Some of the new chargers are fitted with a battery voltage monitoring facility which will raise an alarm if the battery voltage moves above or below a preset level or the battery current rises above a preset level. The unit is also fitted with charger failure, overcurrent, input mains failure and earth leakage alarms. These alarms will raise a common output alarm which will raise an alarm on the main alarm and monitoring system.
When an earth is present on an outgoing circuit, the earth leakage alarm will sound. Operation of the earth test pushbutton will cause one earth lamp to glow bright and the other earth lamp to dim. Careful isolation of the outgoing circuits (mindful of essential consumers), will locate the faulty circuit, the lamps returning to equal brilliance and the alarm clearing once the faulty circuit is isolated. Some of the switchboards are also fitted with a battery test facility which will test the back-up battery for correct condition and this will raise an alarm if incorrect.

The 24V battery system is located in the battery room in an elevated position in the ship and as close to the radio equipment as possible (usually on the bridge level), is normally on a floating charge with the rectifier supplying the load. The room is properly ventilated with supply from the accommodation system and exhaust directly outside and the temperature range of the battery should be wider than the expected temperature range of the location where the battery is installed. Caution should be done as batteries of different types and different cell construction should not be installed in the same location as they might affect each other.

Example of ship’s battery room. Source and credit: Mariners Planet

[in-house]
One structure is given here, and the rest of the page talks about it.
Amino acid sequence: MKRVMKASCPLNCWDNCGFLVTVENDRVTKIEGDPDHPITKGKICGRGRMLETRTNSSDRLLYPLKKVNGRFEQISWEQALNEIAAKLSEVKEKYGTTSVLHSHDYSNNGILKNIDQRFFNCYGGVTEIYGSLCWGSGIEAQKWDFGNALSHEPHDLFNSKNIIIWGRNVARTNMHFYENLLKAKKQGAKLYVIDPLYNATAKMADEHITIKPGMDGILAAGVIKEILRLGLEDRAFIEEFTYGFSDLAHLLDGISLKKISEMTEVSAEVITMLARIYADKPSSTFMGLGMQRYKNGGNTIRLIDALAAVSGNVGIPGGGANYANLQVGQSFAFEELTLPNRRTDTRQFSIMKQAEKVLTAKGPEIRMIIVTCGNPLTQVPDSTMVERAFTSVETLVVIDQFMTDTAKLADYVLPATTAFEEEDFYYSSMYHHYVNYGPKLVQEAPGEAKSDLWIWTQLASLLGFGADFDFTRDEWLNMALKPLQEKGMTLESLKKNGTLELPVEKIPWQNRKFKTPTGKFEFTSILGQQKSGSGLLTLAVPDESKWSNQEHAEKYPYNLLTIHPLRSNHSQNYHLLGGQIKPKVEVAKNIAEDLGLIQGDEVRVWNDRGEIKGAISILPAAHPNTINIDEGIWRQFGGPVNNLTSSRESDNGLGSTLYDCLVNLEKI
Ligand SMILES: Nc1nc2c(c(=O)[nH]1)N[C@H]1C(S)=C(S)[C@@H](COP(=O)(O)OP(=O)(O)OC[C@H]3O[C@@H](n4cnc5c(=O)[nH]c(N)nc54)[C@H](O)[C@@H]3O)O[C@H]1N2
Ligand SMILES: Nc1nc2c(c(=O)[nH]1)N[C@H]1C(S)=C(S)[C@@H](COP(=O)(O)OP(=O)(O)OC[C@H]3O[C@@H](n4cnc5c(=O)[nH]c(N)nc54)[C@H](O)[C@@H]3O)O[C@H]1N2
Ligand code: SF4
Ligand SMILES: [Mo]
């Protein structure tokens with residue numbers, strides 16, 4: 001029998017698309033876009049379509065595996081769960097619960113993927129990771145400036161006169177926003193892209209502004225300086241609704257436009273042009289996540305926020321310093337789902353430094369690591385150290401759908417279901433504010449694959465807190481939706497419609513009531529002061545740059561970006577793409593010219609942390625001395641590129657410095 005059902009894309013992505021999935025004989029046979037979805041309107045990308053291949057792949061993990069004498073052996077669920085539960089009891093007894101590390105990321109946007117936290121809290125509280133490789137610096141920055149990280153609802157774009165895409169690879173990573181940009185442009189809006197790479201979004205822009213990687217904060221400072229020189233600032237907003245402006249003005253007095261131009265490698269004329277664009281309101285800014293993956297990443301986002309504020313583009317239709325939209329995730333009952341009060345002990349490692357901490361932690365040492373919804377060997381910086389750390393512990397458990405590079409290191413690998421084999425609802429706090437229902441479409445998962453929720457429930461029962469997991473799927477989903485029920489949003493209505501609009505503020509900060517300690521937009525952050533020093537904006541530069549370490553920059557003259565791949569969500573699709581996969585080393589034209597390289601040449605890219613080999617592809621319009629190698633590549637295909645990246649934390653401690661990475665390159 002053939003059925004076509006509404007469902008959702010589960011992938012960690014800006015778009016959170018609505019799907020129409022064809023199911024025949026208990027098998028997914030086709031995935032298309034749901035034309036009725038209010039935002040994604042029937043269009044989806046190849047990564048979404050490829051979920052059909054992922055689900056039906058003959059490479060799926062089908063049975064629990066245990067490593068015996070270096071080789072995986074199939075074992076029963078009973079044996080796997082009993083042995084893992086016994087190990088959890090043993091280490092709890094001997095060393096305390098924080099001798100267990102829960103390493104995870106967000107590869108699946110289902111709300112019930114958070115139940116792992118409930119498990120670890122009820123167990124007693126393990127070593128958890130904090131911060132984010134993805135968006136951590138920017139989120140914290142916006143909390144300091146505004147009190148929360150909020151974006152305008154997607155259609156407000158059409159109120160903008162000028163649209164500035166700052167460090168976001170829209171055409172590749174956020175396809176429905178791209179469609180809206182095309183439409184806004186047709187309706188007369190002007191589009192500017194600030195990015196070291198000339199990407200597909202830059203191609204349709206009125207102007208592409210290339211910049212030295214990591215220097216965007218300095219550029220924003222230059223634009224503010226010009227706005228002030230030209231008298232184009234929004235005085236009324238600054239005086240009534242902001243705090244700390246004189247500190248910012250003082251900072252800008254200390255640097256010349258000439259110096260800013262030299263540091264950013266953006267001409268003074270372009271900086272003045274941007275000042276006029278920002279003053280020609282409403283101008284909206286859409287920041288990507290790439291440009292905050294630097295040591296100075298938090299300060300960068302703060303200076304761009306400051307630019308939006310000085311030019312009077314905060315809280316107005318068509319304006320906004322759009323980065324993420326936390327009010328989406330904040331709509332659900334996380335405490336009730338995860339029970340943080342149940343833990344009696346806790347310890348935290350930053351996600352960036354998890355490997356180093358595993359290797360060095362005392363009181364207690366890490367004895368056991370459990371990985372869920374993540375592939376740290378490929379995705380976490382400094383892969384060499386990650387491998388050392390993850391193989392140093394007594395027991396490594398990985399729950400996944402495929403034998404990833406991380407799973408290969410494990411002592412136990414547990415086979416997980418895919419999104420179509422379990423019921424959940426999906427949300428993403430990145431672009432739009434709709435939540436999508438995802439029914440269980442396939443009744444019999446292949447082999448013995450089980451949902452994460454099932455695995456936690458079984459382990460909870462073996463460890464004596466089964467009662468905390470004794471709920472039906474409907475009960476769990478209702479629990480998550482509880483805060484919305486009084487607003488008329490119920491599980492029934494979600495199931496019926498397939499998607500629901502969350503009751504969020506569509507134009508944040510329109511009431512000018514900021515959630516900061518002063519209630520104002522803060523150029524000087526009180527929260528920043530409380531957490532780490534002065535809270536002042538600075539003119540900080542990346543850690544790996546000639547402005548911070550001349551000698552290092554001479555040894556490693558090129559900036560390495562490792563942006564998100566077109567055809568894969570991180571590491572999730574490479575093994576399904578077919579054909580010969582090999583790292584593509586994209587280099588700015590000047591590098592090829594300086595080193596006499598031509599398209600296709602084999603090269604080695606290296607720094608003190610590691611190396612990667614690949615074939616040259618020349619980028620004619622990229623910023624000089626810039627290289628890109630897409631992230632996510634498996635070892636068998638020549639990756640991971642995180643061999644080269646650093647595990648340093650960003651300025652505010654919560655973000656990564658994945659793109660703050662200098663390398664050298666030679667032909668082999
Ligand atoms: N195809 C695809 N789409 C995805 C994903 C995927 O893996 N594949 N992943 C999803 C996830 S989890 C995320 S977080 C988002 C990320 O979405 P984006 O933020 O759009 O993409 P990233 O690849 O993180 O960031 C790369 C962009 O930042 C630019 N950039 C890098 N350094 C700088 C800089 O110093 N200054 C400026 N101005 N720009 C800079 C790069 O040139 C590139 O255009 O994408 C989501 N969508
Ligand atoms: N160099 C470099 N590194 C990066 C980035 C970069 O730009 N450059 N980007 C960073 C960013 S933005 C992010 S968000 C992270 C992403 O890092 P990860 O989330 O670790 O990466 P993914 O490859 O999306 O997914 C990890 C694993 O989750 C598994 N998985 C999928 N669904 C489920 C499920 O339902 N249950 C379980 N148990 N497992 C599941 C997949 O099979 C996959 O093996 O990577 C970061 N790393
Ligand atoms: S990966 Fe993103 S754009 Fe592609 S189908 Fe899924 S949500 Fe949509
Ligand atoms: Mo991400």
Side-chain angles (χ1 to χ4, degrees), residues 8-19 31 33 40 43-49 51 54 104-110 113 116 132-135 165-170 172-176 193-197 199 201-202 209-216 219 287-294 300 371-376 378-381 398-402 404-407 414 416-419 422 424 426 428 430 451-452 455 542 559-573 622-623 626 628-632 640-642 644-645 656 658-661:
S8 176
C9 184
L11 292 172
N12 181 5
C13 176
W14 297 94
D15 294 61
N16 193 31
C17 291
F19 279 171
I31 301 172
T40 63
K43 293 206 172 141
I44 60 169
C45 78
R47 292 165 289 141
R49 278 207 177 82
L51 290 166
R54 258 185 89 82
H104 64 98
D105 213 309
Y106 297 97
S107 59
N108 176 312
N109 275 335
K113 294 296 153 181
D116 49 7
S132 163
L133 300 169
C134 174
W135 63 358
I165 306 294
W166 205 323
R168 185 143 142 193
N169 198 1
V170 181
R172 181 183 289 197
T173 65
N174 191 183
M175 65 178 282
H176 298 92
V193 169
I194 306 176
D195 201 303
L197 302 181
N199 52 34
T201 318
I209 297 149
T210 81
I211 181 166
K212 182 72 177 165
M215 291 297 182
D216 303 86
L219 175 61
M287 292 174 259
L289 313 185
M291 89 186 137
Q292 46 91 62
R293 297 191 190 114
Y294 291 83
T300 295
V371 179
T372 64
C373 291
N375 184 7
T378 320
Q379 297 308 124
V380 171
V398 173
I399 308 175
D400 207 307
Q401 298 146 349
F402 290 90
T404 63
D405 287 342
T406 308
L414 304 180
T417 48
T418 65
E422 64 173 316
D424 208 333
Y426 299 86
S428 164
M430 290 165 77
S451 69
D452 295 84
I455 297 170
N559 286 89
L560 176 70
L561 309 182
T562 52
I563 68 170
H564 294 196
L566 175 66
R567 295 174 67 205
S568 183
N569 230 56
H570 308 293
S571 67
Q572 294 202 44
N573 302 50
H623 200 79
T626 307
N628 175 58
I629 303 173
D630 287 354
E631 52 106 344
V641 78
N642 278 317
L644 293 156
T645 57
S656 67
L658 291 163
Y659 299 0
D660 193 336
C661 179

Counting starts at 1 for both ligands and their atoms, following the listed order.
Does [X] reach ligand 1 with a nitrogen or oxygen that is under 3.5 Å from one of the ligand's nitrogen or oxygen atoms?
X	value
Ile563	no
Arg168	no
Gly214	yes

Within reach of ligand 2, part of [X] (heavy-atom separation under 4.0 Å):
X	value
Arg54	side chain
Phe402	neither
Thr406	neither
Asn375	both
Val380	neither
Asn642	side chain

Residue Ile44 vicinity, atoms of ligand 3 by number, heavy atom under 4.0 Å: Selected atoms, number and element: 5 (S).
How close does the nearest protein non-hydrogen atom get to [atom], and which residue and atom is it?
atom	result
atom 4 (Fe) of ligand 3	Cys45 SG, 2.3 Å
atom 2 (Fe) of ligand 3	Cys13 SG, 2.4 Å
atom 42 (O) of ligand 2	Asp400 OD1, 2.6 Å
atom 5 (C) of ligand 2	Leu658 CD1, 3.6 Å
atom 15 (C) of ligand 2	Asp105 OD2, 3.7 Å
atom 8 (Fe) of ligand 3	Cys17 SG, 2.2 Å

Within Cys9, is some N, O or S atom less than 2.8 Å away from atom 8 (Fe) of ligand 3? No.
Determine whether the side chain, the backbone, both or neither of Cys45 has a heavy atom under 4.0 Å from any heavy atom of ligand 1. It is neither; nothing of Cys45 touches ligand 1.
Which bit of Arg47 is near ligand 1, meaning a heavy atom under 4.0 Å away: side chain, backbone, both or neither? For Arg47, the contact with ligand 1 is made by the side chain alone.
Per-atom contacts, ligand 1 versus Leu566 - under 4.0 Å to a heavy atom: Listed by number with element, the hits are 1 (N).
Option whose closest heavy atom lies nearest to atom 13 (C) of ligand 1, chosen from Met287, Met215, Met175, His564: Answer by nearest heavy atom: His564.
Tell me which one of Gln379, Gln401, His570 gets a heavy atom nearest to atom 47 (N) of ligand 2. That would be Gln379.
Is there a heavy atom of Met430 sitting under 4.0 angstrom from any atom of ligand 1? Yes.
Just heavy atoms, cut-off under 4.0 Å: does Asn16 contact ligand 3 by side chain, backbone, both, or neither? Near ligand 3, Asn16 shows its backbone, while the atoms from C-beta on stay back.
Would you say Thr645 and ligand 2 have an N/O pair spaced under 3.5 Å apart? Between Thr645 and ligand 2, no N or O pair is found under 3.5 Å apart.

The radio/GMDSS equipment is backed up by a separate battery/UPS system.

The battery charger is a fully automatic charging device which automatically charges the 24V storage battery. The charger OFF/AUTO switches should therefore be left in the AUTO position.
Some of the charger has a facility to adjust the charging voltage, however, this should not be altered once the charger has been commissioned.
While the storage batteries are fully charged, they are subjected to a floating charge and in this condition, the charger supplies the 24V system with power. The charger will automatically set this mode when initially connected to the switchboard. In the event of a blackout, the batteries will provide power to emergency consumers. If the charging power is recovered while the batteries are discharging, the battery charger will return to floating mode.

A constant voltage is applied to the battery, regardless of any load, power or temperature variation and the charging current varies according to charged state thus maintaining the battery in a fully charged condition. An AVR is fitted to keep the loads voltage constant.

During a failure of the main and emergency power supplies, the battery system will take over.

If the battery has been subjected to a period of duty due to power failure, the battery charger is automatically transferred to an equalizing charge on restoration of the power supply and this rapidly charges the battery. As soon as the battery becomes fully charged, it reverts to a floating charge. The charge performed after the recovery from a power interruption is controlled by the
control system, which protects the battery and charging circuits from excess current.